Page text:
Now that you know more about personality preferences, how can you use that to your advantage in interviews or networking?
With interviews, it can help to be aware of different communication styles and to try to appeal to more than just your own preferences during the interview. This can be an advantage if professional recruiters or hiring managers don’t share your preferences. You want to be able to present information in a way that the interviewer can take in better. For example, if you tend to communicate from a more personal, values-based perspective, including lots of metaphors and analogies (feeling and intuition) you can also provide some objective information and specific examples (thinking and sensing).
While it might not feel the most comfortable to communicate in various preferences it does help your message reach an audience where you don’t know their preferences. This comes in handy when you seek employment, and it is time to answer hiring questions. With practice you will get better at it. Don’t wait for your interview to do this for the first time, try incorporating different communication preferences into your everyday communications and see how it goes.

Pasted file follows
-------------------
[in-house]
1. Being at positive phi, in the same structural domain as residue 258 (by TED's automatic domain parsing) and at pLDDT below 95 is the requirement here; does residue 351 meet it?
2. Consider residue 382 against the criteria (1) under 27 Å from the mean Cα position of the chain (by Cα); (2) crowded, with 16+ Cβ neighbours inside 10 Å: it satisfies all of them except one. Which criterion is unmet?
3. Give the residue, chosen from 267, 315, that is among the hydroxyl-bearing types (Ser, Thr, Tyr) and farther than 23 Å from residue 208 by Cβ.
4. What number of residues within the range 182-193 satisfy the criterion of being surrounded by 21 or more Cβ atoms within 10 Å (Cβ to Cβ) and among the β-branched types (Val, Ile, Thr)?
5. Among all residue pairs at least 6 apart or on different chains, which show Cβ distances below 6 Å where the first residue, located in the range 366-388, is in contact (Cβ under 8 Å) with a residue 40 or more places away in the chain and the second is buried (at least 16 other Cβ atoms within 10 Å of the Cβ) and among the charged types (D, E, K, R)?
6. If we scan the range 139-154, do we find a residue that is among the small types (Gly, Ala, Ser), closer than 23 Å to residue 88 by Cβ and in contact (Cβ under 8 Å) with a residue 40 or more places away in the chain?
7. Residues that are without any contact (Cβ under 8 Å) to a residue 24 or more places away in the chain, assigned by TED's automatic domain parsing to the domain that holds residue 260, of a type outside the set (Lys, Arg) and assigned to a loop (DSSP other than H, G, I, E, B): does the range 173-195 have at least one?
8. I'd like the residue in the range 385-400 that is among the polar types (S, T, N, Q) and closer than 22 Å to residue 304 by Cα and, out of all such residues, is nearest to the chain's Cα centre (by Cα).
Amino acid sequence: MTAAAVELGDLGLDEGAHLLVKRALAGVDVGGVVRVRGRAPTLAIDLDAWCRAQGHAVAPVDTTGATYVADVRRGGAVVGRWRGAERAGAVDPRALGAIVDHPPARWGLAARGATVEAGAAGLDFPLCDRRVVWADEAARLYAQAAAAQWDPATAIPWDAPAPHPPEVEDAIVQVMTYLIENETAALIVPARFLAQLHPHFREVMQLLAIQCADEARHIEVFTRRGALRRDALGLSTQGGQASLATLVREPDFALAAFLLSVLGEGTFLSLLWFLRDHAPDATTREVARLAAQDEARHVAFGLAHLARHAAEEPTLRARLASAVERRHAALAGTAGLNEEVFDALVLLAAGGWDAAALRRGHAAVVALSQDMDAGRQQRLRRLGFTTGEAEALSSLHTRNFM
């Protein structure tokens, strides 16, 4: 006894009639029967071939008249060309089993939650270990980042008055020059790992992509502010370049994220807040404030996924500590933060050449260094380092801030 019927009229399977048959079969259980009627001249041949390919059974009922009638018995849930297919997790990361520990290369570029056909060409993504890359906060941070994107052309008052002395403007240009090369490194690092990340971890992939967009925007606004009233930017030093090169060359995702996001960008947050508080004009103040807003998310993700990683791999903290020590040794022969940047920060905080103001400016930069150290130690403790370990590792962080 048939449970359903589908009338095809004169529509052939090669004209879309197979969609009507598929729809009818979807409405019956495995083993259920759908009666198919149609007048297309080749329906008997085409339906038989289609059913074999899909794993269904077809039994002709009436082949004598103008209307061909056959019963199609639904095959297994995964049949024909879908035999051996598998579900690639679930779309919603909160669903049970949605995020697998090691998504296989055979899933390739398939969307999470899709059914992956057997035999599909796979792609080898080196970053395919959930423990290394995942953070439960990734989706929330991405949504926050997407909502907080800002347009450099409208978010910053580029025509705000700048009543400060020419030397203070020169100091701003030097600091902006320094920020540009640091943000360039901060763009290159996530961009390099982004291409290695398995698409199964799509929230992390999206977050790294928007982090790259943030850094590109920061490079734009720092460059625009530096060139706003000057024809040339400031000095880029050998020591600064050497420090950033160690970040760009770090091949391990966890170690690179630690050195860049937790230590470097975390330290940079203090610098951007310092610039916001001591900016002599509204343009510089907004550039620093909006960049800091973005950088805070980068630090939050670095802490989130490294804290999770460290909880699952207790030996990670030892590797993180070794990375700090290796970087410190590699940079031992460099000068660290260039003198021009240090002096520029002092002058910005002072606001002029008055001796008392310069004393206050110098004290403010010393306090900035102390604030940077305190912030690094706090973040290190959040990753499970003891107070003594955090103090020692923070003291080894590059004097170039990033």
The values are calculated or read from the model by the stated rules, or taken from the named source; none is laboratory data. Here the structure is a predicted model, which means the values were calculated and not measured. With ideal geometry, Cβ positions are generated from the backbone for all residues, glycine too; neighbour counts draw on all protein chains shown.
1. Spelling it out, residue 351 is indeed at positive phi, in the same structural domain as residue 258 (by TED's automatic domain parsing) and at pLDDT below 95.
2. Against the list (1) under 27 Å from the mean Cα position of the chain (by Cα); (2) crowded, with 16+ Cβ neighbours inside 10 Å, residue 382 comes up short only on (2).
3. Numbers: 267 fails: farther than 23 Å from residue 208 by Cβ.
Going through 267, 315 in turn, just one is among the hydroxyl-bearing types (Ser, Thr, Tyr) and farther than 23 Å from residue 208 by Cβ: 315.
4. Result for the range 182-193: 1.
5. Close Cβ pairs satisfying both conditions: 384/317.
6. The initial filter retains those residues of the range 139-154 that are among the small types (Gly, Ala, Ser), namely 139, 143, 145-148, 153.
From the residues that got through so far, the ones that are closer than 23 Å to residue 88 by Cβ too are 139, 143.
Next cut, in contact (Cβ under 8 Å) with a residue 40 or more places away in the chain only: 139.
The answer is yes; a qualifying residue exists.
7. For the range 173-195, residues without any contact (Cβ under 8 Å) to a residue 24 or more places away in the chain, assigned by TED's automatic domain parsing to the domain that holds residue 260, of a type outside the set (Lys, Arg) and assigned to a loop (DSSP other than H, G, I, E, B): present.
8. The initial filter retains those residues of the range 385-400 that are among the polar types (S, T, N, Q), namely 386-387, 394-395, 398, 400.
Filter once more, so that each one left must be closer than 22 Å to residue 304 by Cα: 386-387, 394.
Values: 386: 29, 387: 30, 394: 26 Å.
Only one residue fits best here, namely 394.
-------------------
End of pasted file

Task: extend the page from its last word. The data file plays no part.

Networking events can be more flexible than an interview situation, so you may have more opportunity to not only communicate across preferences but to also find a setting that fits your preferences better. For example, if your preference is for extraversion, you might feel more comfortable in an open environment talking to many people about how to find a better job, recruitment strategies, the best websites for finding jobs, etc.
Whereas, if your preference is for introversion, you might be more comfortable keeping to the edge of the room, or even finding a quiet corner to talk about places to find jobs, the best job seeking websites, etc. And remember, having a preference for introversion doesn’t mean you should dread or avoid networking events. However, you may want to plan for some nice quiet downtime immediately after the event to decompress and collect yourself.
Whatever your personality preference, you can learn to communicate more effectively. This skill can be applied most advantageously to virtually every area and relationship in your life. In order to raise both your interview and networking game you can begin practicing on friends, family and new acquaintances.
However, you will want to bear in mind that rarely are people exactly like their “type”. Most people fall along the spectrum. Also, unless (and even if) the person has taken the MBTI, you’ll be assuming a lot about a person based on what you think you know. Be careful, as you know what they say about assuming! This article is designed for you to gain a little insight into how to communicate more effectively during the hiring process. We want you to stand out for the right reasons!
Do you have any positive experiences that came from using the MBTI? Do you have any advice on how to handle different personalities during the employee hiring process? Do you know any tips for the best way to find a new job? We’d love for you to hear from you! Comment below, and connect with us on Social Media.